Because of the importance of adaptation in Kantor's viewpoint, we may classify this branch of psychology as a type of functionalism. Of course the conception of adaptation may be a dominant feature of radically different psychological viewpoints. In one case adaptation may be accepted as the most fundamental fact for psychology, and left undefined. Thereafter it may be used as an explanatory principle. This is the functionalism of Kantor, though it must be admitted that he does not use that term. "Is it not a fact," he says in his discussion of reflexes, "that the specific pathways involved in any reaction are involved because certain muscles or glands need to function?"(p. 143). And in another place: "The general integration of behavior we might say is due to the necessity to adapt to many related objects in a given time" (p. 322). From such a view the existence of a need becomes the explanation of its satisfaction. There is another possibility for functional psychology. Adaptation may be taken to be the dominant problem of psychology rather than the dominant principle. An explanation for failure or success in achieving purposes then becomes sought for in facts describable in non-purposive terms. While few writers, if any, have maintained with complete consistency the program demanded by this second type of functionalism, there has been a strong leaning in this direction. The attempt of experimental psychologists to find some explanation for the fixation of successful responses other than in terms of their success is only one of many evidences of this. But, so far as the reviewer can make out, Kantor feels no necessity for entering into this second type of functionalism. For him adaptation is central fact and central explanatory principle. In analyzing beyond the adaptive act the psychologist, according to Kantor, divides his real unit of study. And the organization of the adaptive act is, itself, a function of the fact that the act is adaptive.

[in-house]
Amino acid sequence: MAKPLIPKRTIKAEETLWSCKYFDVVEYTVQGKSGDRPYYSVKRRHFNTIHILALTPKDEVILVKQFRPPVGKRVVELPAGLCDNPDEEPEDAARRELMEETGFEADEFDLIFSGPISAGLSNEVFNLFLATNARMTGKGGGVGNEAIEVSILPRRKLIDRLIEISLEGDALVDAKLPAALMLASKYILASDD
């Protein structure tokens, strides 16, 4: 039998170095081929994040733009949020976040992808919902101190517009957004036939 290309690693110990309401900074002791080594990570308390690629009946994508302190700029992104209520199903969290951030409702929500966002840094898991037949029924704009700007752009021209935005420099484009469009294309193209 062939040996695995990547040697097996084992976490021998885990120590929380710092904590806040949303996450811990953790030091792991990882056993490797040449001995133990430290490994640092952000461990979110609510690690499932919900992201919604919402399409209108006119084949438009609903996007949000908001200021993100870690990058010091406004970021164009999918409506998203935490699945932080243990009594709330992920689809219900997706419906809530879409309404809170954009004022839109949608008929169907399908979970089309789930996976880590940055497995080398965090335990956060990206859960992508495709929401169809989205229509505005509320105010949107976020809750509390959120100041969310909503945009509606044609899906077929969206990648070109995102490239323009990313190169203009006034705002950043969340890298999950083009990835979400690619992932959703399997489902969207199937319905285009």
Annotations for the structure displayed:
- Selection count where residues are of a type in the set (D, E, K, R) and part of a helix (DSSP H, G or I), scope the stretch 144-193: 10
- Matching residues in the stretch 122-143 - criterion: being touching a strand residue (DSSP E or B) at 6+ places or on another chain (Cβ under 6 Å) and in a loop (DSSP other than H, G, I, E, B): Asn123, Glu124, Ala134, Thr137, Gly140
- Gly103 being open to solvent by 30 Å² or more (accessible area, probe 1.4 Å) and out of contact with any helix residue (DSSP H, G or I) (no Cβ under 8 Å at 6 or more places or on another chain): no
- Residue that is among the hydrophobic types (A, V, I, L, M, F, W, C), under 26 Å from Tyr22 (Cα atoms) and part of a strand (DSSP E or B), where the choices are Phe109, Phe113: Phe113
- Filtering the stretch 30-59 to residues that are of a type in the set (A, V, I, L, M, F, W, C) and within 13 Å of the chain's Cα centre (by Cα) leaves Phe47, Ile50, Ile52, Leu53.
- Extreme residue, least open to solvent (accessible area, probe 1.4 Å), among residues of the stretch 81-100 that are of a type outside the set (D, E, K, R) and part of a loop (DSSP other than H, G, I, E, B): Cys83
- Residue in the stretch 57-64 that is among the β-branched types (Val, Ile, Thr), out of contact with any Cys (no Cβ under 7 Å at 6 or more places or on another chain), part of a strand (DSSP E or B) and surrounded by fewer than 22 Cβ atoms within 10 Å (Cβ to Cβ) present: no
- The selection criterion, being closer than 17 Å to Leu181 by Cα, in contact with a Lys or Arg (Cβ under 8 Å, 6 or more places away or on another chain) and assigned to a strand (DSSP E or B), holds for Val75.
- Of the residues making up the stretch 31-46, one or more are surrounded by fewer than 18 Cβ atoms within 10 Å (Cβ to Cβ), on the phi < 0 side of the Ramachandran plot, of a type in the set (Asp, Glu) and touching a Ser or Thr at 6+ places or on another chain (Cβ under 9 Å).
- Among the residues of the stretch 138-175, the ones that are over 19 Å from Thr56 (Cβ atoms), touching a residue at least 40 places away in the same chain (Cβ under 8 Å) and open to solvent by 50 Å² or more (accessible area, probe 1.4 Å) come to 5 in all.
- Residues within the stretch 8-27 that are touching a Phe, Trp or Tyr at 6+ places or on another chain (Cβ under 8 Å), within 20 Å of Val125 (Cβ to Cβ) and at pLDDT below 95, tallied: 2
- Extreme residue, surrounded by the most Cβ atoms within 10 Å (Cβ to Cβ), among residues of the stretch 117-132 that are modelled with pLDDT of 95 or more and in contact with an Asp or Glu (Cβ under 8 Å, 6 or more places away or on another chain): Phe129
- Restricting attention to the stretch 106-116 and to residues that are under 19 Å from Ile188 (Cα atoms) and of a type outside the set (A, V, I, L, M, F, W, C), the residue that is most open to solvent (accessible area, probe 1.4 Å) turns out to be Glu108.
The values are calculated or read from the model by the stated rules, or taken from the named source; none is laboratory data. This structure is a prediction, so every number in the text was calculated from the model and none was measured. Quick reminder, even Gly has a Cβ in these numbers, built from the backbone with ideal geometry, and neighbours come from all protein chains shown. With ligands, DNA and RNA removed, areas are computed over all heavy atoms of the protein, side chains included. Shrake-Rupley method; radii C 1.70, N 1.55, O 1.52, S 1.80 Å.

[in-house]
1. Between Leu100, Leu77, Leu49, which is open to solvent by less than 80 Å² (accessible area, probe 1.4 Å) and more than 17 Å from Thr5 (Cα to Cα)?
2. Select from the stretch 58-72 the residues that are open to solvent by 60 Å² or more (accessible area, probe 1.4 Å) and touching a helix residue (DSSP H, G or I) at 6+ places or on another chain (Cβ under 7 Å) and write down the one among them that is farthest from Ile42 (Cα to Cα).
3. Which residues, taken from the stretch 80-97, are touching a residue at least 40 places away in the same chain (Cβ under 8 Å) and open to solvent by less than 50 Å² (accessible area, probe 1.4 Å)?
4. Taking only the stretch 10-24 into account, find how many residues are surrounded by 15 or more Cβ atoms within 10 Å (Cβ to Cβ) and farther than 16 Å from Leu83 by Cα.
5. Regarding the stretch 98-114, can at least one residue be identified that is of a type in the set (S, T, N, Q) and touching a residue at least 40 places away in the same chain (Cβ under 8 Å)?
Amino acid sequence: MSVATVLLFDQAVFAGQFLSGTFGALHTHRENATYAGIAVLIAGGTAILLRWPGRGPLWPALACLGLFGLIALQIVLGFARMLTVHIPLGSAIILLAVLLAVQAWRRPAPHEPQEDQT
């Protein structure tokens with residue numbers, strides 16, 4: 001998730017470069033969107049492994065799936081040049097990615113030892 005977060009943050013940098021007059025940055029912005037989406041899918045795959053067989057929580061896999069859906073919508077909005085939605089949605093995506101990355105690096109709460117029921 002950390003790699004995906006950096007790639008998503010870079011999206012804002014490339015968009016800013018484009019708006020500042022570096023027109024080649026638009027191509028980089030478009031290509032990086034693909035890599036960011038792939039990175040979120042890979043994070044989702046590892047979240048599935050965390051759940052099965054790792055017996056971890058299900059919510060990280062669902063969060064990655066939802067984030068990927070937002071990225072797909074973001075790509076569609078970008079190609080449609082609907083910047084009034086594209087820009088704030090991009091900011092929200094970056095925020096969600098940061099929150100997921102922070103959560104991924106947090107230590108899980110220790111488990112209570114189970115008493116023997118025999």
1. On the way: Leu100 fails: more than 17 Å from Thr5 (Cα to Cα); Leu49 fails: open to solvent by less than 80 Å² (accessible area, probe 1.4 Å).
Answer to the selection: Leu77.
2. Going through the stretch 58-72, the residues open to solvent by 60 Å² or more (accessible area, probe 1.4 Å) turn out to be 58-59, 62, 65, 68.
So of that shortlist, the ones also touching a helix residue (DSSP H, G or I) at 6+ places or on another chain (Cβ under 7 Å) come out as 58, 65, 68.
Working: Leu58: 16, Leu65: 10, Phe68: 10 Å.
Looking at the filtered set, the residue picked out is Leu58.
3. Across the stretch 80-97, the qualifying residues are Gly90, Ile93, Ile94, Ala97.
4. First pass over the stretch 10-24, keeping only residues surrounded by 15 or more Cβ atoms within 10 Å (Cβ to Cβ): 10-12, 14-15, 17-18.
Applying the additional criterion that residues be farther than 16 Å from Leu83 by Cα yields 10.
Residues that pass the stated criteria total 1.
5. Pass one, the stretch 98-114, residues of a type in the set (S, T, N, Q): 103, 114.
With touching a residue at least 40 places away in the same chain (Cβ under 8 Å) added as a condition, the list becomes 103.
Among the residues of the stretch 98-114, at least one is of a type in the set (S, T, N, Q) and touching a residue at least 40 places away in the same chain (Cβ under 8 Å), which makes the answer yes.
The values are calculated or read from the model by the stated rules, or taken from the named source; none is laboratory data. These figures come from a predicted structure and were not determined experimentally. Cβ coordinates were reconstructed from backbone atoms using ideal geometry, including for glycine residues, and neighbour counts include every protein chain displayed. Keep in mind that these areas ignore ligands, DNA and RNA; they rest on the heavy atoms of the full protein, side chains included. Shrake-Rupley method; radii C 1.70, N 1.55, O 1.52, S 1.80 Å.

Professor Kantor's descriptions of psychological phenomena are consistently in terms of stimulus and reaction. But he can in no sense